JobMonkey YouTube icon JobMonkey Pinterest icon JobMonkey Jobs RSS icon JobMonkey LinkedIn icon JobMonkey Google Plus icon JobMonkey Twitter icon JobMonkey Facebook icon

Alaska Tender Boat Employment - Life on a Tender

Steven Weakley of Portland, Oregon, worked on a fish tender for a summer. He was able to make the jump from processing plant to boat by dock stomping.

I had some friends who knew people at a processing plant in Valdez who said I could get a job there easily, so I decided to head up there for the summer without getting a job first.

The second day there I walked into this company and got the job. I think they would have hired just about anybody, since they really needed workers. I worked at the plant to earn some extra money but what I really wanted to do was work on a boat.

The first week I just tried to take it all in, and the second week I started looking around for fishing work. I started hanging out on the docks in my spare time, and by my second week I had found a job as a deckhand on a tender. There weren't tons of jobs available on boats in Valdez, but I met several guys who did the same thing and found fishing jobs. Most jobs were with seiners, who went out on fishing trips for three or four days at a time.

Our boat was a converted crabber that the captain had turned into a tender. We basically carried fish from the salmon hatcheries and took them back to Whittier. I lived right on the boat, which had room for six. There were only five of us: the captain, mechanic, deckhand, seafood supervisor (who actually worked for the seafood company and was only on the boat part-time), and myself.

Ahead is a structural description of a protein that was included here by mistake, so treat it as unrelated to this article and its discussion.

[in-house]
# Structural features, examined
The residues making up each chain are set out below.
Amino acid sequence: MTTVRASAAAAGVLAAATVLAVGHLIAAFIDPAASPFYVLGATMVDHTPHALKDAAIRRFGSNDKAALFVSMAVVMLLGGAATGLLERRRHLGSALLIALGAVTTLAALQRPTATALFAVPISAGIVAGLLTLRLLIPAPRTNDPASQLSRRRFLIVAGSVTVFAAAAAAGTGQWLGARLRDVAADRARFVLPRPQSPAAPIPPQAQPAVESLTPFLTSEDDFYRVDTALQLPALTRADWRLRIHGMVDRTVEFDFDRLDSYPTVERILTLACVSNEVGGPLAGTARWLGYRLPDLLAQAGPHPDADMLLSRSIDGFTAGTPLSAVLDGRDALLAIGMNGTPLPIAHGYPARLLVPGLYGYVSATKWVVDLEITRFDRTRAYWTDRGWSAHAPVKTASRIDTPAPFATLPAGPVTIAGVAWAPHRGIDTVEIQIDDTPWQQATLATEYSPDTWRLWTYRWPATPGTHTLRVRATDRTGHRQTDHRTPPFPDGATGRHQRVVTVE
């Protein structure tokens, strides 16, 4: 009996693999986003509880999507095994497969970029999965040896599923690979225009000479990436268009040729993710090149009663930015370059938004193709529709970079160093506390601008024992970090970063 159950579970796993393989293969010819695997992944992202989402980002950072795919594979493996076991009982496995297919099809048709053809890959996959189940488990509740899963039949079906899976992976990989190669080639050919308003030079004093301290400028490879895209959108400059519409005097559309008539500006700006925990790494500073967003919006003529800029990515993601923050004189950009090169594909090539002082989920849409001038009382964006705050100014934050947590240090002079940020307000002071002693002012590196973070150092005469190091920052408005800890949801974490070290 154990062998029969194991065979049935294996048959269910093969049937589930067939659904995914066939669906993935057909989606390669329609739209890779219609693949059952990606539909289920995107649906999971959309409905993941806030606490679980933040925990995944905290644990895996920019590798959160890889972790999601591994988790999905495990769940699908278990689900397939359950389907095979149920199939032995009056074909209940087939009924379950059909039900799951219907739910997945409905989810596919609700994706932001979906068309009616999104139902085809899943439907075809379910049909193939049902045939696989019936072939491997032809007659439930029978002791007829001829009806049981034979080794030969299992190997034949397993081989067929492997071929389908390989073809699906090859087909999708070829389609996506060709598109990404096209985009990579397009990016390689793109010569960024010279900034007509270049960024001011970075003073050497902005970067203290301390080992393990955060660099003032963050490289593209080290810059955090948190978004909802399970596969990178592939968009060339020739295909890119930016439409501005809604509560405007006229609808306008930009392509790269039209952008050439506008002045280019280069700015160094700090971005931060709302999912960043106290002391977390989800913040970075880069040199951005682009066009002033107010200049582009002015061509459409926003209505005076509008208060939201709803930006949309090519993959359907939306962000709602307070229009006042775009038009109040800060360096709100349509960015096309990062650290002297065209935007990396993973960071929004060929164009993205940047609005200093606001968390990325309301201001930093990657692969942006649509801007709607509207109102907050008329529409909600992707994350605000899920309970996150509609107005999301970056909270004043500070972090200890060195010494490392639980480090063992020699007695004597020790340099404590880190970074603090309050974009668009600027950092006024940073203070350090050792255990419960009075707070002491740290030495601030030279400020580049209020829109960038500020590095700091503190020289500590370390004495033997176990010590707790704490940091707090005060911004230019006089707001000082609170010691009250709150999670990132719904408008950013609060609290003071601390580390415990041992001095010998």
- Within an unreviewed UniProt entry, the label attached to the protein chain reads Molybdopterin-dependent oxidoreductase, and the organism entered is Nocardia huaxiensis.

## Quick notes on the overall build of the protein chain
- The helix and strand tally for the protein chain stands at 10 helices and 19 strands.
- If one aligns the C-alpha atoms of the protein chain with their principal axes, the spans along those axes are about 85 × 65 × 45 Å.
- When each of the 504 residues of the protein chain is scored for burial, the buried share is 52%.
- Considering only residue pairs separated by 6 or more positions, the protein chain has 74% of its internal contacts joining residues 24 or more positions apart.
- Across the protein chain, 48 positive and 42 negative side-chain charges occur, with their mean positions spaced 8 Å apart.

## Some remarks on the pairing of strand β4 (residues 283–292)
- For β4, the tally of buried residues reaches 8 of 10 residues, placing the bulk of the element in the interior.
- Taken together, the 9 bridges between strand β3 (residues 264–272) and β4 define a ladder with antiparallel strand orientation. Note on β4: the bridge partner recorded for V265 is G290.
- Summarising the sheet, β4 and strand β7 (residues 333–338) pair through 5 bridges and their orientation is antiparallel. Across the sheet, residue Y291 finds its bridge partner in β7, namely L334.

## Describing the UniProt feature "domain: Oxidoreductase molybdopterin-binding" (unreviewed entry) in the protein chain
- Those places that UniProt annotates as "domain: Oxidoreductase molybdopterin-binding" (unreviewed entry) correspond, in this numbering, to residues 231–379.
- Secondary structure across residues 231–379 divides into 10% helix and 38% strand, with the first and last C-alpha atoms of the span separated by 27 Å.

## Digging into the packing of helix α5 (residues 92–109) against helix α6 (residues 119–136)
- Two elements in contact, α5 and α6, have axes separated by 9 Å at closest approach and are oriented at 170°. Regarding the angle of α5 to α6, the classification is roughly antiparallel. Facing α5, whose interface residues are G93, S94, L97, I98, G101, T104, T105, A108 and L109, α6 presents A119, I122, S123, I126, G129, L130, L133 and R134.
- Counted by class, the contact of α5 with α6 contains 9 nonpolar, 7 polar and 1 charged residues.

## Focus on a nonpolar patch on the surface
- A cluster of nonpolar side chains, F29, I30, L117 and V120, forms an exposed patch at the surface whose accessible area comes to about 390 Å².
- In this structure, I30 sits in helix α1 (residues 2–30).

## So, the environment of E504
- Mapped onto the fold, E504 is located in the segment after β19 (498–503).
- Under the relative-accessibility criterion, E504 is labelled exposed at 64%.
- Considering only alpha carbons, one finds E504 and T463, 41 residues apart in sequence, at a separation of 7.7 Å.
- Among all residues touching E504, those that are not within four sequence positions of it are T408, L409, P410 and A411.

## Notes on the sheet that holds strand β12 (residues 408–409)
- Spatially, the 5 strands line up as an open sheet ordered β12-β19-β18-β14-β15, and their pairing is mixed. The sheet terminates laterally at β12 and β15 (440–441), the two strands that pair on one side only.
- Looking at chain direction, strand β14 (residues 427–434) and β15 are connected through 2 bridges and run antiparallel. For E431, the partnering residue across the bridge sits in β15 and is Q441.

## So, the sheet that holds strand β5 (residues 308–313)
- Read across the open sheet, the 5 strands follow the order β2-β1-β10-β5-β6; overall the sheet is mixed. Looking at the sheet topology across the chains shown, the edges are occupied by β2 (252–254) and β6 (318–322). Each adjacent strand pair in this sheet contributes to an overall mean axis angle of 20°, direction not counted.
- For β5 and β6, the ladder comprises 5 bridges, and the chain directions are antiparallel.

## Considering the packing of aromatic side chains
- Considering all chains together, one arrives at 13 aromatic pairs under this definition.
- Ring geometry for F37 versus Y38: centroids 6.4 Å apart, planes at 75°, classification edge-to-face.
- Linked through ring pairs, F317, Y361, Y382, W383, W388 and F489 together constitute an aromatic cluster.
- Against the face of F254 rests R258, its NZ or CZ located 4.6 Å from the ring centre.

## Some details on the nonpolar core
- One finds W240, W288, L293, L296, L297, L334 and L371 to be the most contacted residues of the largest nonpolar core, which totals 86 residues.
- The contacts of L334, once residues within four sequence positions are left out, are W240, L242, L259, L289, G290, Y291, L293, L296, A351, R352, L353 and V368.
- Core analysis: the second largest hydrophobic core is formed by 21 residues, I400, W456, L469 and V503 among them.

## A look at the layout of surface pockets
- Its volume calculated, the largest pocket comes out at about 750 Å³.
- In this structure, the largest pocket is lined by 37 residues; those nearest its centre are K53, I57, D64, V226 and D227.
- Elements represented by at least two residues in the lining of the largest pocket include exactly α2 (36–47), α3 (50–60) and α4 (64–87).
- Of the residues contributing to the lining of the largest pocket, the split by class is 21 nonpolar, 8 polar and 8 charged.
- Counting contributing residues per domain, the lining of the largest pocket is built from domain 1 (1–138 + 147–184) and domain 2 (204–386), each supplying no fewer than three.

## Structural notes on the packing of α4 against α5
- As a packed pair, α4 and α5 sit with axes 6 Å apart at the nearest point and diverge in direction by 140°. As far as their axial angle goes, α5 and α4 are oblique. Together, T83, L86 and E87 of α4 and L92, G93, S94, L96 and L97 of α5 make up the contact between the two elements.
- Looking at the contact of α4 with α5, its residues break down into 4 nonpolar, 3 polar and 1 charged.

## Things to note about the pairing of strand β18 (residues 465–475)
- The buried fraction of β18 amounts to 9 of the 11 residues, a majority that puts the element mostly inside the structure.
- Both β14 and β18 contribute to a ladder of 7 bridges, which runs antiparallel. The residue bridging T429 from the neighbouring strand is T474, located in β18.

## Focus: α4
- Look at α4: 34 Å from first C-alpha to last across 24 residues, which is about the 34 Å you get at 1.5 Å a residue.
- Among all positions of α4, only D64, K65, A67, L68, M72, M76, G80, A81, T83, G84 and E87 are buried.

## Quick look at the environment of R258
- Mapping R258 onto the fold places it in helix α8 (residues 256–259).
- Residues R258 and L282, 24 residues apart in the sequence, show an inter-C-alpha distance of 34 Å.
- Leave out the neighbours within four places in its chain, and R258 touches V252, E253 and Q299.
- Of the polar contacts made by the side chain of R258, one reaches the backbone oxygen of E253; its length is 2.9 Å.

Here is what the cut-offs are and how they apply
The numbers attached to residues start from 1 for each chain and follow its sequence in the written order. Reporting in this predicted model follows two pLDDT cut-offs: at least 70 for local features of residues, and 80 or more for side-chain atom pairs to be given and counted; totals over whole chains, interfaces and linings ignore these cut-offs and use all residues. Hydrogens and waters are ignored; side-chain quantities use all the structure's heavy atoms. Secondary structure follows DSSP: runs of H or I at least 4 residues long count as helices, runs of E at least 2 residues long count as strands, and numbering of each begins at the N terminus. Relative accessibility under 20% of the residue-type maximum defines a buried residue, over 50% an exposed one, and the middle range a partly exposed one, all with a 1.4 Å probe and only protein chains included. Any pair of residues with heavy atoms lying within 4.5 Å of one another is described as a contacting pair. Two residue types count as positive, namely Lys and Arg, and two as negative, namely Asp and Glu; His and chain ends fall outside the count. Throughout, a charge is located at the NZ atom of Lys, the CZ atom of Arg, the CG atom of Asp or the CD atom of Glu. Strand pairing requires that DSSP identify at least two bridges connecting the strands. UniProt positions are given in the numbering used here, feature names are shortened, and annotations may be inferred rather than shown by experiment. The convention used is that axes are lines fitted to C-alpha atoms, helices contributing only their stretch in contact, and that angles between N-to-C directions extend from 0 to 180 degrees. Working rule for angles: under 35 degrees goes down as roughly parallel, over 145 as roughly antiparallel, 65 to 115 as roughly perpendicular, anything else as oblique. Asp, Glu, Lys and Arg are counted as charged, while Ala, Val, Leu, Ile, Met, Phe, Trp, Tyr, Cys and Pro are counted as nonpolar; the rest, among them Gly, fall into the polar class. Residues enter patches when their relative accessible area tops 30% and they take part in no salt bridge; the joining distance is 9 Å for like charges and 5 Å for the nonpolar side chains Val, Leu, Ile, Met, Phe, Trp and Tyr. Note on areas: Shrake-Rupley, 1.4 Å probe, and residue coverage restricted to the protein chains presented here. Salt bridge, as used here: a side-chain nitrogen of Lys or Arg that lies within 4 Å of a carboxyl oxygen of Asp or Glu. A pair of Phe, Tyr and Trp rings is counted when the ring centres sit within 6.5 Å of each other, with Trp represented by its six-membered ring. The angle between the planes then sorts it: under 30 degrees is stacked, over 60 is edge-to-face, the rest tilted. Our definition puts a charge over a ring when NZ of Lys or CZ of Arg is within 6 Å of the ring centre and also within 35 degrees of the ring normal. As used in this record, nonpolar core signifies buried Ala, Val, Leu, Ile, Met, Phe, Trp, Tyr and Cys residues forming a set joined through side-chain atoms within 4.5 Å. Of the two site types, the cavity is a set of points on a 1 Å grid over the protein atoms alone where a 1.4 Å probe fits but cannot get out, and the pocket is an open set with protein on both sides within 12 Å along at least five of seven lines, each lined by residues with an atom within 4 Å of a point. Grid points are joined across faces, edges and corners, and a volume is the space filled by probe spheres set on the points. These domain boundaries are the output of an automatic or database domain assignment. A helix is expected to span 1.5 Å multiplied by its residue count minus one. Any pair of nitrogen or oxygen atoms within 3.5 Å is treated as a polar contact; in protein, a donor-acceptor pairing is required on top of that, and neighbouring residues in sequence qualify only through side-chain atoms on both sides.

After the first few days the cook quit, so I took over the cooking duties. Cooking for five hungry guys was always in the back of my mind while I was doing my deckhand work. Usually I would get up around eight or so and make breakfast for everyone.

Then we'd do repairs and maintenance (and occasionally big repairs) before we headed out for the point. We'd get to the point and the captain would use his radio and phone to find out who had fish to load. We would go to that location, collect the fish, and make the trip back to Whittier where the cannery would suck out all the fish from our hold. We cleaned the hold and helped with the transport.

Sometimes we would work 24 hours a day and sometimes we'd work only two hours a day. We had to deliver the fish from the point to the dock as quickly as possible to preserve freshness, so we just worked until the job was done.

This position was a great opportunity because it paid a lot better than the canneries and I got a place to stay for free. I saved a lot of money and still had a lot when I got home. They just paid me by the day, the same rate whether I worked three hours or 24 hours, but it worked out to a lot more money than I was making in the cannery.